In 1993, Cal/OSHA issued guidelines for health care and community service workers to assist and support workers who may be exposed to violent behavior from patients, clients, or the public. Recommended assault prevention measures include engineering controls (alarm systems), administrative measures (adequate staffing), appropriate work practices, and training. In 1995, the California agency issued revised guidelines for workplace security. Cal/OSHA recommends that employers establish, implement, and maintain an effective Illness and Injury Prevention Program to address the hazards known to be associated with workplace violence. It also provides a model program to assist employers and employees.
No one is required to use the model, but Cal/OSHA recommends that if an employer determines workplace security hazards exist in the workplace, it may want to use some of the content or the entire model program, tailoring it to specific needs.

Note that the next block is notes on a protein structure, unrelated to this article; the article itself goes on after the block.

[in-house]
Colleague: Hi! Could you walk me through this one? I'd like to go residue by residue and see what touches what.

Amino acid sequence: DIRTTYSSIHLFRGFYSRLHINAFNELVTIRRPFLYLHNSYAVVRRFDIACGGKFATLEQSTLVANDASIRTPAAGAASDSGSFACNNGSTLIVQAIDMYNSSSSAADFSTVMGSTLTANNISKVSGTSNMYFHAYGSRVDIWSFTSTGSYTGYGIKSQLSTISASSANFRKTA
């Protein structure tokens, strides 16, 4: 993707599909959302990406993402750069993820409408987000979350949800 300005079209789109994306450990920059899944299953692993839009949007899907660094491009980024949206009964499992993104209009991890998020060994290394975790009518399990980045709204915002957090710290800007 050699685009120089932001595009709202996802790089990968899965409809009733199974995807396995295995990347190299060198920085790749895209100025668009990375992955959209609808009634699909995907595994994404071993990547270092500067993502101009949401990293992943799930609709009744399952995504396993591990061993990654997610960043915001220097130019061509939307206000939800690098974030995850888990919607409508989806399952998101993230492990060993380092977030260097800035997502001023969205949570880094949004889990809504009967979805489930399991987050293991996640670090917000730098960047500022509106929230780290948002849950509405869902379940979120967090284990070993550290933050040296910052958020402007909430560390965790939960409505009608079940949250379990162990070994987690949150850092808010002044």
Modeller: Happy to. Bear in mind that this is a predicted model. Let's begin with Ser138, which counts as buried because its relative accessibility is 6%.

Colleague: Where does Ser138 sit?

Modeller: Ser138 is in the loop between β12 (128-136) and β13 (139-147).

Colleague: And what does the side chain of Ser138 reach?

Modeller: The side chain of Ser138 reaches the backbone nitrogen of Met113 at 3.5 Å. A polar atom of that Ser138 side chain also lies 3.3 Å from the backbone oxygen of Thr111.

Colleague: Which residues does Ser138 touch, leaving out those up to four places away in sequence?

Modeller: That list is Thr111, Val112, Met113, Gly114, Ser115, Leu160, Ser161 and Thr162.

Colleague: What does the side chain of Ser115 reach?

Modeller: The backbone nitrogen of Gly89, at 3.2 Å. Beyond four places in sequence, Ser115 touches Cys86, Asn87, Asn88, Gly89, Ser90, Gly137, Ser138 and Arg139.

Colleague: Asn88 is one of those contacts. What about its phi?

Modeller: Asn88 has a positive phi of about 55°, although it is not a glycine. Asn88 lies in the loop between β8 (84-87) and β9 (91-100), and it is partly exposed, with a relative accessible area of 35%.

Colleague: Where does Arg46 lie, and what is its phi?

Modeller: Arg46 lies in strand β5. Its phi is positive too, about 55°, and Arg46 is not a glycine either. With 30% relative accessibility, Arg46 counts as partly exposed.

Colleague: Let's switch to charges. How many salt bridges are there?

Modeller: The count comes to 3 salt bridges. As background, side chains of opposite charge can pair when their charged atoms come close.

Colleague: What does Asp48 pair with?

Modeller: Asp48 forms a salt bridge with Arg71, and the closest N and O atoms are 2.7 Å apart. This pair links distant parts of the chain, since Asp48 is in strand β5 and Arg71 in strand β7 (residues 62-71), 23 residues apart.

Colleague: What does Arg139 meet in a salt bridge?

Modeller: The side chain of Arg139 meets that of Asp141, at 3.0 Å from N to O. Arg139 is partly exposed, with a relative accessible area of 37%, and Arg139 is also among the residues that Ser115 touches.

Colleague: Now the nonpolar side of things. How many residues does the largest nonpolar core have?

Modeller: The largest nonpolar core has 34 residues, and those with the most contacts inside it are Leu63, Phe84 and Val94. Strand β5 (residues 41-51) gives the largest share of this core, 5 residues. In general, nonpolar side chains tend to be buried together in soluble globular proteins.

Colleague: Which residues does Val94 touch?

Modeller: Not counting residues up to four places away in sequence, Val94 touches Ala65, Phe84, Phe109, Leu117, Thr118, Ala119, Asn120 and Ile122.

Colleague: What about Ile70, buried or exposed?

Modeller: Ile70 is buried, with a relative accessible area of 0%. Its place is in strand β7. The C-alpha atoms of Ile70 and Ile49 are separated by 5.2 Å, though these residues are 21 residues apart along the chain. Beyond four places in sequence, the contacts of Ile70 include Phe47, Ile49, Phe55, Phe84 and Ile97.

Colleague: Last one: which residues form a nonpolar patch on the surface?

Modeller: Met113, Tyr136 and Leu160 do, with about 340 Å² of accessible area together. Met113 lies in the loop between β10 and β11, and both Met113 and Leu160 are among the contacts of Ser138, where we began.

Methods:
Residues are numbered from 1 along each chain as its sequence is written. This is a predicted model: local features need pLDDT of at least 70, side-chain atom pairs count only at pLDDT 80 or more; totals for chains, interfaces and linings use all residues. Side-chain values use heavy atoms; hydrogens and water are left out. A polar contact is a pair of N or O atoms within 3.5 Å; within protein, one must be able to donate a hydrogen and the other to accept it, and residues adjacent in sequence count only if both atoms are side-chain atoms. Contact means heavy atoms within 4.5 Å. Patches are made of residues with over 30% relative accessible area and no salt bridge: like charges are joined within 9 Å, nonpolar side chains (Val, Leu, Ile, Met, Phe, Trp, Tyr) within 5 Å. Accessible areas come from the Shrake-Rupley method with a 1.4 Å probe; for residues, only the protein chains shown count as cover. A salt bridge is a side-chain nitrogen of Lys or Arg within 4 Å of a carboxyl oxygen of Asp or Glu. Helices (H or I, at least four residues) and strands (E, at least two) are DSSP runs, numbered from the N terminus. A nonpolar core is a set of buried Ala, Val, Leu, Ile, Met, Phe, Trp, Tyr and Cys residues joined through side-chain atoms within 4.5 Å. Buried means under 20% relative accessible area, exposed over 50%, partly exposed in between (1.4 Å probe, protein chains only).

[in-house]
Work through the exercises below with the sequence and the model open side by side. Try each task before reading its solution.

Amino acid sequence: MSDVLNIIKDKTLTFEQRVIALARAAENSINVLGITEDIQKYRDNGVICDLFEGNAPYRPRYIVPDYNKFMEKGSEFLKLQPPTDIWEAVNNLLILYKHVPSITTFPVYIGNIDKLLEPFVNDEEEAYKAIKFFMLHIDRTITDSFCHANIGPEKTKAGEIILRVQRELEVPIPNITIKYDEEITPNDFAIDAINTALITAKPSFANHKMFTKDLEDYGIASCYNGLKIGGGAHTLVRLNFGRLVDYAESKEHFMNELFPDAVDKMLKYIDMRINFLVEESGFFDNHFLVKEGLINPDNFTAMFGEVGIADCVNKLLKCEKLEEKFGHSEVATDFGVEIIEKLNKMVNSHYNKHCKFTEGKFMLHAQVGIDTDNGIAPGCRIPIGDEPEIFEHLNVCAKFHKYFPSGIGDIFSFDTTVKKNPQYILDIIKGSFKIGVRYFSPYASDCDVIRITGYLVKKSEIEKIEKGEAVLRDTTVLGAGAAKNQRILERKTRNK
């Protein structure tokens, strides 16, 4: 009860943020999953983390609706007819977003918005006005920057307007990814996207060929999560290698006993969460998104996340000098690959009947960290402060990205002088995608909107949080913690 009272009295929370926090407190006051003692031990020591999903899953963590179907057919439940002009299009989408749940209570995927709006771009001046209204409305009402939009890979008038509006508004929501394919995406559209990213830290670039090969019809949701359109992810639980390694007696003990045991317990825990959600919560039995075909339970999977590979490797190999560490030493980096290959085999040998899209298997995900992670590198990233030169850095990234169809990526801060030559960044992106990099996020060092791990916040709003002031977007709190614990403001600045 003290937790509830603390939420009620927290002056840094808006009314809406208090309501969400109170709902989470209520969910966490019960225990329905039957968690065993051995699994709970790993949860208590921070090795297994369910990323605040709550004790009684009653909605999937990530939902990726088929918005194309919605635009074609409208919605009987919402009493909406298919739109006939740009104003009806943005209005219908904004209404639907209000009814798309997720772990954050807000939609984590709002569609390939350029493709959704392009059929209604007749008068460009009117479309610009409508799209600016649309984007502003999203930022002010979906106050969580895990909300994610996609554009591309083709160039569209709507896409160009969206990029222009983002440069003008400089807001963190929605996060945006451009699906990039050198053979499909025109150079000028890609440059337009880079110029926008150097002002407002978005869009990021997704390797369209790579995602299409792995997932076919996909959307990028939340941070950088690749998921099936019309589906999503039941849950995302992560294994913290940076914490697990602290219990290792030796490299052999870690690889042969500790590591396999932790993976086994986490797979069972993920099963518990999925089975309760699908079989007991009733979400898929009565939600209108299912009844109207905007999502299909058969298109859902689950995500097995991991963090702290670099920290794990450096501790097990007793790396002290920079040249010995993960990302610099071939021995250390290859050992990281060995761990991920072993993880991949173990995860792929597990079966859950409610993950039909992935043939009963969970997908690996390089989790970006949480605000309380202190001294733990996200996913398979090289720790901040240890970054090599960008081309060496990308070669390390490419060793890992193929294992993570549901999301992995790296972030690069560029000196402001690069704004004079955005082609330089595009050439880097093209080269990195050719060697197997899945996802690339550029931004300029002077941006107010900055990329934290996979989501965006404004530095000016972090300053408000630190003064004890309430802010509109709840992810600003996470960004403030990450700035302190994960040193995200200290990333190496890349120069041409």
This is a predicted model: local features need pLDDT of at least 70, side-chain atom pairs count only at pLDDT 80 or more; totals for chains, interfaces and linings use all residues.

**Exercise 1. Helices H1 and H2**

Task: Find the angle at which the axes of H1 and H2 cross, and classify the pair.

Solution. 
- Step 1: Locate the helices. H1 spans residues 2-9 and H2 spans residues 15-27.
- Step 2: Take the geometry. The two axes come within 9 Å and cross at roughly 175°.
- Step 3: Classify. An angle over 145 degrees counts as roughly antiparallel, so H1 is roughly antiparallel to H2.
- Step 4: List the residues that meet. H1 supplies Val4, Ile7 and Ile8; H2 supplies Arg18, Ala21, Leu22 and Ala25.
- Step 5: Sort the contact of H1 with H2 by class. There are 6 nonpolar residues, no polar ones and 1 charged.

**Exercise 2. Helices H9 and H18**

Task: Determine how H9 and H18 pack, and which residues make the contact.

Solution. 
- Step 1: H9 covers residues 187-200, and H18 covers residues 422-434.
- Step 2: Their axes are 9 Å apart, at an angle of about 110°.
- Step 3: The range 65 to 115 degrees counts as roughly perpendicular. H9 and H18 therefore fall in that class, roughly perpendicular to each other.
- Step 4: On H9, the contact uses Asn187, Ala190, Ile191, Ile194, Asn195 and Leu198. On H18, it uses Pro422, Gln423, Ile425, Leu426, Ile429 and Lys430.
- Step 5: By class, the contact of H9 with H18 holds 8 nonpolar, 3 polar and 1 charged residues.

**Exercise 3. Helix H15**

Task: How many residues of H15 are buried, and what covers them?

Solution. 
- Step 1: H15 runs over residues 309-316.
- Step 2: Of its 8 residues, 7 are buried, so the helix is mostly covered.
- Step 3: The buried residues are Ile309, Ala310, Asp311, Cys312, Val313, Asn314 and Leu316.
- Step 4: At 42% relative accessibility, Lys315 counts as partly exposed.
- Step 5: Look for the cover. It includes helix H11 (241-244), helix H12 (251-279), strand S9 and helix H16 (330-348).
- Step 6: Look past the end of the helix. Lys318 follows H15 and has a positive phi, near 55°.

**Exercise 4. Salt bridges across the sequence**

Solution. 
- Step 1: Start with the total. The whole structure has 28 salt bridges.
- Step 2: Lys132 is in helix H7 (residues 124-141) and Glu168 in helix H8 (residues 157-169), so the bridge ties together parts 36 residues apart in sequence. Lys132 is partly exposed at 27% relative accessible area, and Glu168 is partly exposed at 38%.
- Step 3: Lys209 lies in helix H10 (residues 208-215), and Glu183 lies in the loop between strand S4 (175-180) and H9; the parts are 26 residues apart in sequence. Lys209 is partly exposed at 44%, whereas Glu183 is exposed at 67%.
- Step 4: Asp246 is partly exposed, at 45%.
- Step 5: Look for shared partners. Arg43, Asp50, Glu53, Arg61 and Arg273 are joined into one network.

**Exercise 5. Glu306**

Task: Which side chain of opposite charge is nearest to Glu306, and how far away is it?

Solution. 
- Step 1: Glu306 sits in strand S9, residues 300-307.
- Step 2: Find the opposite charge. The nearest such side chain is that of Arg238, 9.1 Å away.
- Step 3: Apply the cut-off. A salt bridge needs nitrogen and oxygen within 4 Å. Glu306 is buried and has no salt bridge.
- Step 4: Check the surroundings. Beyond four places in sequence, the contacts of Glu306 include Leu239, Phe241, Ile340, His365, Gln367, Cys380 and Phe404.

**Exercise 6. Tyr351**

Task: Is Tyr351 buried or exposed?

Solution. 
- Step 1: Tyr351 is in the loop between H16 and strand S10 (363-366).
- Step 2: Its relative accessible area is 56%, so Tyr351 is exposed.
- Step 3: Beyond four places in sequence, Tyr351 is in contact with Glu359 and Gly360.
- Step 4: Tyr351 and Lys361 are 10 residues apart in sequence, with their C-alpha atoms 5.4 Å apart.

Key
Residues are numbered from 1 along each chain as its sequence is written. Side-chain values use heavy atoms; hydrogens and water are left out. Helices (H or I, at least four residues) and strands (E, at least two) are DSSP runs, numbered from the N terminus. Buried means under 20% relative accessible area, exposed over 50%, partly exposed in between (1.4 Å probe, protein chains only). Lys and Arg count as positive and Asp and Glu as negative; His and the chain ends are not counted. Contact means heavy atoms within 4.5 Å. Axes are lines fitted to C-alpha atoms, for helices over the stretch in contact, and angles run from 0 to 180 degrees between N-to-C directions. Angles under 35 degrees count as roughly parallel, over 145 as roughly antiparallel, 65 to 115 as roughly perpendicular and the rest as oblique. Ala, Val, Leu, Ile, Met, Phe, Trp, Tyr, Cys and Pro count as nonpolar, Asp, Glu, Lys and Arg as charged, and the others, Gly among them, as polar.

Cal/OSHA's list of risk factors is common to a list from Compliance Solutions, with one risk added: workers with a history of assaults or who exhibit belligerent, intimidating, and threatening behavior to others. Although Cal/OSHA has no General Duty Clause, federal rules govern the extent of an employer's obligation to address workplace violence under the General Duty Clause. The clause reads "Each employer shall furnish to each of his employees employment and a place of employment which are free from recognized hazards that are causing or are likely to cause death or serious physical harm to his employees."
Symptoms Co-Workers Can Spot
Studies by The Workplace Violence Research Institute of Palm Springs, Calif., show an armed intruder is not the chief threat workers face. The institute's definition of workplace violence is "Any act against an employee that creates a hostile work environment and negatively affects the employee, either physically or psychologically. These acts include all types of physical or verbal assaults, threats, coercion, intimidation, and all forms of harassment."